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Table of Contents
Year : 2019  |  Volume : 27  |  Issue : 2  |  Page : 81-85

Safety of perfluorobutane (Sonazoid) in characterizing focal liver lesions

1 Department of Medical Imaging and Radiological Technology, Yuanpei University of Medical Technology, Hsinchu; Department of Radiology, Taipei Veterans General Hospital and School of Medicine, National Yang Ming University, Taipei; Department of Radiology, Yee Zen General Hospital, Taoyuan, Taiwan
2 Department of Internal Medicine, National Taiwan University Hospital and National Taiwan University College of Medicine, Taipei, Taiwan
3 Department of Medicine, Division of Gastroenterology, MacKay Memorial Hospital, Tamshui Branch, Taipei, Taiwan
4 Department of Internal Medicine, National Taiwan University Hospital Yun-Lin Branch, Yun-Lin, Taiwan
5 Liver Center, Cathay General Hospital and School of Medicine, Fu-Jen Catholic University College of Medicine, Taipei, Taiwan
6 Department of Radiology, Taipei Veterans General Hospital and School of Medicine, National Yang Ming University, Taipei, Taiwan
7 Department of Radiology, Yee Zen General Hospital, Taoyuan, Taiwan
8 Department of Radiology, Taipei Veterans General Hospital and School of Medicine, National Yang Ming University, Taipei; Department of Radiology, Yee Zen General Hospital, Taoyuan, Taiwan

Date of Submission15-Apr-2019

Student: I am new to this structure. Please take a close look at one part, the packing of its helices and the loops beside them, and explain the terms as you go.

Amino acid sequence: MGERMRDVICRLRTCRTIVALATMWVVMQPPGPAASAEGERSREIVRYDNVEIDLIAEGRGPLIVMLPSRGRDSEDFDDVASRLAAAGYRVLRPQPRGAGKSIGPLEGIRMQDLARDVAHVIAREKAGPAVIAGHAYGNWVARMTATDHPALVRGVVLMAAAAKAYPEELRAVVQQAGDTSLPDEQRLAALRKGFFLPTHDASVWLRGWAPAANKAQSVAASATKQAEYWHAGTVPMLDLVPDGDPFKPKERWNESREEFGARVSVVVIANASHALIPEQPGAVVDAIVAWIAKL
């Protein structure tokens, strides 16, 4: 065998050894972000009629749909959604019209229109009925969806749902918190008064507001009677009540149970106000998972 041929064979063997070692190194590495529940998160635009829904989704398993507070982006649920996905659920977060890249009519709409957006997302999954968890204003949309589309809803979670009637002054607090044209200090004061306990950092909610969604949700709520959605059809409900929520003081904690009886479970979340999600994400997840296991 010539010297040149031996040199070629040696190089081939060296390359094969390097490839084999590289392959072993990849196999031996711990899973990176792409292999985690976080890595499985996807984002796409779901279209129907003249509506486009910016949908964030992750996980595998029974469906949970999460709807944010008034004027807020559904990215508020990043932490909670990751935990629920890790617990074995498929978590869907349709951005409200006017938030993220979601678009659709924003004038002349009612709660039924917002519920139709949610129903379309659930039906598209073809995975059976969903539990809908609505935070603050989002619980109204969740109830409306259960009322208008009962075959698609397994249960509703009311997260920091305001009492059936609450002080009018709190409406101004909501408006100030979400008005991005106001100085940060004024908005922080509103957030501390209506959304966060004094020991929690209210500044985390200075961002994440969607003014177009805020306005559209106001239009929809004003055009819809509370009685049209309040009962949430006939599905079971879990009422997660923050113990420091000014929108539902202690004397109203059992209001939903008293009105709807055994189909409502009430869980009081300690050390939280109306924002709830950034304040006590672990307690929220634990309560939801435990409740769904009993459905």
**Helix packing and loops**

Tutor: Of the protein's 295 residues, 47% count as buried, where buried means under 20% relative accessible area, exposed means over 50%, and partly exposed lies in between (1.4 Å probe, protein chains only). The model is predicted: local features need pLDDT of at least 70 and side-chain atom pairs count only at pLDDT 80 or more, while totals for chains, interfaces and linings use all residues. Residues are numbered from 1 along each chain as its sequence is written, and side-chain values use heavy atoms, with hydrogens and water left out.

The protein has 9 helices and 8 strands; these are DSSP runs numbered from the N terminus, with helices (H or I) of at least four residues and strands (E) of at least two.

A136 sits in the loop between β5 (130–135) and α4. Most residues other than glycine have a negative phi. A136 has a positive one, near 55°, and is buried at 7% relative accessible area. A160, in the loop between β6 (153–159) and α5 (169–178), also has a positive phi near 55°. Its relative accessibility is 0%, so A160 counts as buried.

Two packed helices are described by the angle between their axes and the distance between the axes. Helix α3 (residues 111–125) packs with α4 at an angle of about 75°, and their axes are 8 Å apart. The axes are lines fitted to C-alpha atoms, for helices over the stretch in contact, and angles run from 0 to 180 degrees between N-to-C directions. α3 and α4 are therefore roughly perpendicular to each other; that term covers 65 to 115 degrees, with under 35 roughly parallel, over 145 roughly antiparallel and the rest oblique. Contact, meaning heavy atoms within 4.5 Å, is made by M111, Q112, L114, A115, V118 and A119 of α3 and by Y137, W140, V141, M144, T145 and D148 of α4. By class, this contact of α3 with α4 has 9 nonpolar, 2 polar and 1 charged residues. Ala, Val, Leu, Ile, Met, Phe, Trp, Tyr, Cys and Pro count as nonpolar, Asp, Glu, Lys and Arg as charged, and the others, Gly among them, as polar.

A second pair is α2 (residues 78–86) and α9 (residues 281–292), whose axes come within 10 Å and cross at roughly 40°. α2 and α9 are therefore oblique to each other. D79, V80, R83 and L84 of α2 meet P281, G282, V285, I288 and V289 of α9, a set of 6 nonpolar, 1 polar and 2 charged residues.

Date of Acceptance03-Jun-2019
Date of Web Publication24-Jun-2019

Correspondence Address:
Prof. Yi-Hong Chou
No. 201, Section 2, Shipai Road, Beitou District, Taipei City 11217
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Source of Support: None, Conflict of Interest: None

DOI: 10.4103/JMU.JMU_44_19

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Background: The purpose of this study was to report the safety of perfluorobutane (Sonazoid) as a vascular-phase imaging agent in characterizing focal liver lesions (FLLs). Materials and Methods: From May 2014 to April 2015, a total of 54 individuals who received Sonazoid contrast-enhanced ultrasound (CEUS) were enrolled at 5 hospitals of 4 medical centers. All individuals were included in safety evaluation. A prospective study to evaluate the adverse effect (AE) incidences after intravenous administration of Sonazoid. Results: Sonazoid was well tolerated. Treatment-emergent adverse events (TEAEs) representing AE were recorded for 13 (24.1%) patients. The most common AE was abdominal pain (9.3%), followed by heart rate irregularity (5.6%). The majority of these patients (69.2%) experienced TEAEs that were mild in intensity. Sonazoid causes no significant AEs after intravenous injection. The only noteworthy AEs are related to tolerable myalgia (3.7%), abdominal pain (1.9%), and headache (1.9%). None of the 54 patients showed serious adverse effects. Conclusion: Sonazoid shows good safety and tolerance of intravenous use during CEUS of the liver for evaluation of FLLs.

Keywords: Contrast agent, focal liver lesions, microbubble, perfluorobutane, safety, Sonazoid, ultrasound

How to cite this article:
Chou YH, Liang JD, Wang SY, Hsu SJ, Hu JT, Yang SS, Wang HK, Lee TY, Tiu CM. Safety of perfluorobutane (Sonazoid) in characterizing focal liver lesions. J Med Ultrasound 2019;27:81-5

How to cite this URL:
Chou YH, Liang JD, Wang SY, Hsu SJ, Hu JT, Yang SS, Wang HK, Lee TY, Tiu CM. Safety of perfluorobutane (Sonazoid) in characterizing focal liver lesions. J Med Ultrasound [serial online] 2019 [cited 2023 Mar 21];27:81-5. Available from: http://www.jmuonline.org/text.asp?2019/27/2/81/261156

  Introduction Top